Scott Berkun’s Confessions of a Public Speaker is an enjoyable read with lots of nuggets and insightful information. The book explores what he has learned as a professional public speaker, the nature of the business, and general speaking tips and suggestions for those looking to make the jump. Here’s my complete review.
What I liked
After reading this book, it’s hard not to like Scott as a person. He’s funny, interesting, and quirky enough to leave you wanting more. I enjoyed his description of how he answers when people ask him what he does for a living. If he says he’s a writer, they’re disappointed he’s not an ultra-famous one. If he says he’s a public speaker, they think he’s an awful motivational-speaker type, and if he says he’s a “freelance thinker,” his most accurate title, then people will think he’s unemployed.
I especially enjoyed his honesty and transparency. He openly shares how much money he makes per year, and how much of that comes from book royalties and speaking fees. (He gets paid around 5k per talk, makes 100k a year, with 60% coming from speaking fees, and 40% from book royalties).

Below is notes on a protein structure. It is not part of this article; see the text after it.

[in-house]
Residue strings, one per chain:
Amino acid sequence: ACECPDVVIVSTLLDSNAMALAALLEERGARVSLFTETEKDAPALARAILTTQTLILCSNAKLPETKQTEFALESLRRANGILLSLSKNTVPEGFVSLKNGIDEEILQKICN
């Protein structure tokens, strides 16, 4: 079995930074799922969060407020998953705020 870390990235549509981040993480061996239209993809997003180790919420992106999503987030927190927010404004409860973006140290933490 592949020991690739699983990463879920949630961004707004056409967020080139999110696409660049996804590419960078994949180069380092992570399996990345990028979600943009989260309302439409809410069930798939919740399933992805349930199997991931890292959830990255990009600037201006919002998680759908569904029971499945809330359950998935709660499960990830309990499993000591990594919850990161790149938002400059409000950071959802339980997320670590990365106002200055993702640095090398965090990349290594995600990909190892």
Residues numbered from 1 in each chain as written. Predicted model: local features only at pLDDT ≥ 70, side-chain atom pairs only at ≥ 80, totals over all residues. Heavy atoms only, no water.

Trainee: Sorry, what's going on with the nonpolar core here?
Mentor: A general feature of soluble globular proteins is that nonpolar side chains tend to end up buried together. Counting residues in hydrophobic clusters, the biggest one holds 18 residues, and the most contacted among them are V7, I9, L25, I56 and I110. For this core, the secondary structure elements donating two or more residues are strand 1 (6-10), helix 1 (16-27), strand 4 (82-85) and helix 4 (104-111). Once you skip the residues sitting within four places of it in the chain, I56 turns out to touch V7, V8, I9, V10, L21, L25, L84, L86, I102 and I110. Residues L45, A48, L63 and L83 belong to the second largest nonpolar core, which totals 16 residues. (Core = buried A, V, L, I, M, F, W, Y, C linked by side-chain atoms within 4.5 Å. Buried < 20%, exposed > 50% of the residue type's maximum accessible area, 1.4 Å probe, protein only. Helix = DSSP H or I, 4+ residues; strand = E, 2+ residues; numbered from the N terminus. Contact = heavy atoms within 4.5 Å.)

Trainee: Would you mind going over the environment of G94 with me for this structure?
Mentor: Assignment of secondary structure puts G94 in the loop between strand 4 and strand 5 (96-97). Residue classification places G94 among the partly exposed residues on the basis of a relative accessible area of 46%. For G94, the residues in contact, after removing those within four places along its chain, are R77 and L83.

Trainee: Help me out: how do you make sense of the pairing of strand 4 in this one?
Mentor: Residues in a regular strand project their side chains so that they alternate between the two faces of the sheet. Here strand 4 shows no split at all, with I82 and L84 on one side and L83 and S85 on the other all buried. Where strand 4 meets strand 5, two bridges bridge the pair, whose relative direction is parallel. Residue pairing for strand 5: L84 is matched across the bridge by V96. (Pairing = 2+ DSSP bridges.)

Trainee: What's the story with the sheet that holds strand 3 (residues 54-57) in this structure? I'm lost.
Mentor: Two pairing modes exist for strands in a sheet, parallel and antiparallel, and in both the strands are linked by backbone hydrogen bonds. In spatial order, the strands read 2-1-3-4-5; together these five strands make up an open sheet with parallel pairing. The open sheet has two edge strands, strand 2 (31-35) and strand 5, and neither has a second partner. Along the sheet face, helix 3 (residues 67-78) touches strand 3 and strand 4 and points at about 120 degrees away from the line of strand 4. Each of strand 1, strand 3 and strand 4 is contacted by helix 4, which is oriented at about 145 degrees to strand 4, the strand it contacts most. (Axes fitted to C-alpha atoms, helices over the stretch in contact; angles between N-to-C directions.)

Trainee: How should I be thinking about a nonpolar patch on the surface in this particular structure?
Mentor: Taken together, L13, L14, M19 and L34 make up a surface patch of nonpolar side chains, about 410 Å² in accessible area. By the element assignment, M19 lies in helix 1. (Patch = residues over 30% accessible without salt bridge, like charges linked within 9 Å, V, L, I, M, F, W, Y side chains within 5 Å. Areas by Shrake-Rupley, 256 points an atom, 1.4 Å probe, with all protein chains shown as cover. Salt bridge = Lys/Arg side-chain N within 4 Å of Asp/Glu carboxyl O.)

He does a great job identifying what every public speaker faces on the road and at ever-changing venues and events (different technology, changes of schedule, bad room layouts, empty crowds, and more).
Confessions of a Public Speaker also takes you for a brief peek inside the TV industry, showing behind-the-scenes images of studios and what a speaker faces when speaking on television.
What could be better
While the book does a great job balancing teaching points and personal stories, I did want to hear more about his own life. Especially about his early beginnings, and how he broke into the industry. I image that most people reading this book have some interest in being public speakers themselves, and information that steers them in the right direction would have been greatly appreciated.
Also, while he gives readers many useful tips on how to improve every aspect of a presentation, the book is a little short on external resources. This book could have been a great opportunity to connect his favorite blogs, resource sites, services, and more, becoming a reference guide that readers can refer to for a long time.
People are lazy, most rooms suck for speaking, imagining people naked is awkward, and professional speaking is a hard business that you can master with lots of practice. I took away from this book a real sense of what it takes to successfully make a living in this platform. If you have any aspirations of ever speaking professionally, or you would like a smooth, easy, and enjoyable read from an interesting guy, then read Confessions of a Public Speaker